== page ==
Amazon Stock Is a Top Pick for 2023, Analysts Say

Wall Street believes that strong fundamentals, increased profitability and a deeply discounted valuation give Amazon stock 50% upside next year.

An Amazon delivery box
(Image credit: Getty Images) (AMZN) stock has had a terrible 2022, but Wall Street says the e-commerce and cloud-computing giant is positioned for outsized returns next year.

J.P. Morgan analyst Doug Anmuth reminded clients of that fact on Monday, calling Amazon stock one of the research firm's best ideas for 2023. The analyst reiterated his Overweight (the equivalent of Buy) recommendation on AMZN stock, as well as his price target of $145. 

And Anmuth, whose price target gives Amazon stock implied upside of more than 50% in the next 12 months or so, is hardly alone in his ardor for the name.

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Of the 52 analysts issuing opinions on AMZN stock tracked by S&P Global Market Intelligence, 34 call it a Strong Buy, 15 say Buy, two have it at Hold and one calls it a Sell. That works out to a consensus recommendation of Strong Buy, which is a fairly rare honor on the Street. Only 24 stocks in the S&P 500 receive a consensus recommendation of Strong Buy, per S&P Global Market Intelligence.

Meanwhile, the Street's average target price of $142.70 likewise gives Amazon stock implied upside of more than 50% in 2023.

Amazon is benefiting from the "continued secular shift toward e-commerce and cloud growth," Anmuth notes, and is finally poised to leverage years of capital investment in its fulfillment capacity. Those capital expenditures should pay off by allowing the company to expand its operating profit margin to 4.2% in 2023 from 2.4% this year, the analyst estimates.

Profitability will further be enhanced by the fast-growing Amazon Web Services (AWS) cloud-computing business and increased revenue from advertising, Anmuth says. 

In addition to Amazon's fundamental drivers, AMZN stock bulls say shares are cheap after losing more than 40% of their value so far in 2022.  

For one thing, Amazon's cloud-computing business alone is worth more than the value the market is assigning to the entire company.

Just look at Amazon's enterprise value, or its theoretical takeout price that accounts for both cash and debt. It stands at $953.2 million. Meanwhile, AWS has an estimated enterprise value by itself of $1.2 trillion to $2 trillion, analysts say.

In other words, if you buy Amazon stock at current levels, you're getting the retail business essentially for free. True, AWS and Amazon's advertising services business are the company's shining stars, generating outsized growth rates. But retail still accounts for more than half of the company's total sales.

More basic valuation metrics tell much the same story with Amazon stock. Shares change hands at 54 times analysts' 2023 earnings per share (EPS) estimate, according to data from S&P Global Market Intelligence. And yet AMZN stock has traded at an average forward P/E of 75 over the past five years.

That's a compelling relative valuation. But even more compelling is that Amazon stock trades at just 30 times analysts' 2024 EPS estimate.

Paying 30-times expected earnings might not sound like a bargain on the face of it. But then few companies are forecast to generate average annual EPS growth of more than 30% over the next three to five years. Amazon is. Combine those two estimates, and Amazon stock offers far better value than the broader market.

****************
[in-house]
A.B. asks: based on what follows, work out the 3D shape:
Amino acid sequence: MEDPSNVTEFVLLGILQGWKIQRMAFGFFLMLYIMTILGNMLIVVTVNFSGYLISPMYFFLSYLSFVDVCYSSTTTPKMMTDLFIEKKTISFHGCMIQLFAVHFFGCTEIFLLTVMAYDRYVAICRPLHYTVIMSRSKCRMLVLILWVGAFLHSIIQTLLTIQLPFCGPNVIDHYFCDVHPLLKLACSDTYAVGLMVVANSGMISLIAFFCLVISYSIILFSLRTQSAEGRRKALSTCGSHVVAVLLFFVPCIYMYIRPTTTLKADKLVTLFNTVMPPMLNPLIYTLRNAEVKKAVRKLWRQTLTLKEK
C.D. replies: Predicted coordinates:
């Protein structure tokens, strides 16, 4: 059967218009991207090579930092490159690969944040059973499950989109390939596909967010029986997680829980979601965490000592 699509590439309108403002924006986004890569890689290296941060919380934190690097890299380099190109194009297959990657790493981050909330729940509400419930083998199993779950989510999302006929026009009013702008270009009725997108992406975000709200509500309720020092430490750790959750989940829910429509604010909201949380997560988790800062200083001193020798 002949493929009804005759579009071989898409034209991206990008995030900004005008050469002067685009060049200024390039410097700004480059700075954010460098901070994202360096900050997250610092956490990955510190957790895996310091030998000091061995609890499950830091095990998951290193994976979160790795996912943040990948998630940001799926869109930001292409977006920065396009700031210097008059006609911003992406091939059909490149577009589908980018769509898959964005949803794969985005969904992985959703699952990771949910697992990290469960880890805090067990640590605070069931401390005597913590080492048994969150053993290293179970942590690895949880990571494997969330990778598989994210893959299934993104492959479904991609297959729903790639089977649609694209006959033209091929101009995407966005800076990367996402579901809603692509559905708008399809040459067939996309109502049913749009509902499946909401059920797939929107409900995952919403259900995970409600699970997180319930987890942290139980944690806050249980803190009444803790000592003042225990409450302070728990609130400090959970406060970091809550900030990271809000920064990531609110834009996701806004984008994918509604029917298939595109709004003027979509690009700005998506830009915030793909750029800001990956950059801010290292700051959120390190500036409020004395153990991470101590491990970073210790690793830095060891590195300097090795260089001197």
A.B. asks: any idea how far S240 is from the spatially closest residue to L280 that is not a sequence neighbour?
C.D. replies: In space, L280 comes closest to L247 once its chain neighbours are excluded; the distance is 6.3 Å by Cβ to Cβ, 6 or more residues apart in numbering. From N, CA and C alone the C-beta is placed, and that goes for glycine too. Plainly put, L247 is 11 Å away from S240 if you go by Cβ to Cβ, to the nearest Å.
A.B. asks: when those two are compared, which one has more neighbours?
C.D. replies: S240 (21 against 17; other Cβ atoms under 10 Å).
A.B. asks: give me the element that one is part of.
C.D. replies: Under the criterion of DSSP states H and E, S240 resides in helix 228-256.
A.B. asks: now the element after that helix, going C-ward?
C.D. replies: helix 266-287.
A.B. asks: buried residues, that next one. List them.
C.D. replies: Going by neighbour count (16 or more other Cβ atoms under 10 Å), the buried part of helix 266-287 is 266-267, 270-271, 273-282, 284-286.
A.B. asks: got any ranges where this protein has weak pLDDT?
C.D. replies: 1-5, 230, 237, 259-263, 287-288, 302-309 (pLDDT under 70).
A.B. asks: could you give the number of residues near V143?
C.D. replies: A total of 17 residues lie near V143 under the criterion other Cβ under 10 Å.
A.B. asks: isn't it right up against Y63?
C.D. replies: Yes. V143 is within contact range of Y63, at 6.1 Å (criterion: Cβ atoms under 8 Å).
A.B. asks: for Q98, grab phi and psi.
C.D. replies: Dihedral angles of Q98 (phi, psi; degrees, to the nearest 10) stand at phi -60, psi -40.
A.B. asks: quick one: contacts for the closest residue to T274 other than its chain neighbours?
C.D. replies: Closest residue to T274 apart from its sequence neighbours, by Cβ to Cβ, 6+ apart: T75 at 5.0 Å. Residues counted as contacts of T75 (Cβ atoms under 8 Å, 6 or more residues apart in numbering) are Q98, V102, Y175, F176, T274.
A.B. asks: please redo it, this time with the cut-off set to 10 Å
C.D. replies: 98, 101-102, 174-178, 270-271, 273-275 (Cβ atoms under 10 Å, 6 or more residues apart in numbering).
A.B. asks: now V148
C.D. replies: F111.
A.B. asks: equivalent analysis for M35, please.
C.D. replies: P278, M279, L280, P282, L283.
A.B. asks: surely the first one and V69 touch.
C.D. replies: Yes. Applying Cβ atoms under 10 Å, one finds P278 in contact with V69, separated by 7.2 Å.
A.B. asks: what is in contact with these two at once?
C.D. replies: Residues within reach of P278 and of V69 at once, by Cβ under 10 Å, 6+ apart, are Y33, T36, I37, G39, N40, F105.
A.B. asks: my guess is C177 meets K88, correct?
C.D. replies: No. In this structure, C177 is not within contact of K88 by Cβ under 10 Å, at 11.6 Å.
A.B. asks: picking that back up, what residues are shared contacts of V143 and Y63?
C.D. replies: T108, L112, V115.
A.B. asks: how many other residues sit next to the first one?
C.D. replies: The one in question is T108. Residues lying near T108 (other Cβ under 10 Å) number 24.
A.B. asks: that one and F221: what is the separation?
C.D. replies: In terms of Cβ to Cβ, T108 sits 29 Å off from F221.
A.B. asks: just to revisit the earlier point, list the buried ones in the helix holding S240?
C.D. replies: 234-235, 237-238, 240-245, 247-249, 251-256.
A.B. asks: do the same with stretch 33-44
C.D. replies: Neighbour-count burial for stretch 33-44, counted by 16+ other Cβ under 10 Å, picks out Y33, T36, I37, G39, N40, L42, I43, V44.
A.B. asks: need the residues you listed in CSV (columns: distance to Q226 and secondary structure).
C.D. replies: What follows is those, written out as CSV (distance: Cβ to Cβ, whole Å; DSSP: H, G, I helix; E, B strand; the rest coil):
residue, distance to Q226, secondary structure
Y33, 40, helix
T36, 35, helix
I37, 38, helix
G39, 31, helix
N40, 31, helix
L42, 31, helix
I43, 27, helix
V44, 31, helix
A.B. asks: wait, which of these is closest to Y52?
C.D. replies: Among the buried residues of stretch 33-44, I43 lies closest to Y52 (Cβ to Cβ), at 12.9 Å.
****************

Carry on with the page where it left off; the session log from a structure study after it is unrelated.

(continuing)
Lastly, let's not forget that Amazon is in the midst of a massive cost-cutting campaign that will further boost operating earnings going forward. 

Amazon management forecast a disappointing holiday shopping season and continues to worry about how inflation and a possible economic slowdown will impact consumer spending

No, the company's problems won't fade away overnight. But the selloff in Amazon stock does give patient investors a chance to buy a top-rated name at a deeply discounted price, bulls contend.

"Amazon likely faces a few challenging quarters, but continues to have a strong portfolio of assets," writes Argus Research analyst Jim Kelleher, who rates shares at Buy. "We believe that the lagging performance provides an opportunity to establish or dollar-cost-average into positions in AMZN stock, which remains the undisputed category leader."

Dan Burrows
Senior Investing Writer,

Dan Burrows is Kiplinger's senior investing writer, having joined the august publication full time in 2016.

A long-time financial journalist, Dan is a veteran of SmartMoney, MarketWatch, CBS MoneyWatch, InvestorPlace and DailyFinance. He has written for The Wall Street Journal, Bloomberg, Consumer Reports, Senior Executive and Boston magazine, and his stories have appeared in the New York Daily News, the San Jose Mercury News and Investor's Business Daily, among other publications. As a senior writer at AOL's DailyFinance, Dan reported market news from the floor of the New York Stock Exchange and hosted a weekly video segment on equities.

Once upon a time – before his days as a financial reporter and assistant financial editor at legendary fashion trade paper Women's Wear Daily – Dan worked for Spy magazine, scribbled away at Time Inc. and contributed to Maxim magazine back when lad mags were a thing. He's also written for Esquire magazine's Dubious Achievements Awards.

In his current role at Kiplinger, Dan writes about equities, fixed income, currencies, commodities, funds, macroeconomics, demographics, real estate, cost of living indexes and more.

Dan holds a bachelor's degree from Oberlin College and a master's degree from Columbia University.

Disclosure: Dan does not trade stocks or other securities. Rather, he dollar-cost averages into cheap funds and index funds and holds them forever in tax-advantaged accounts.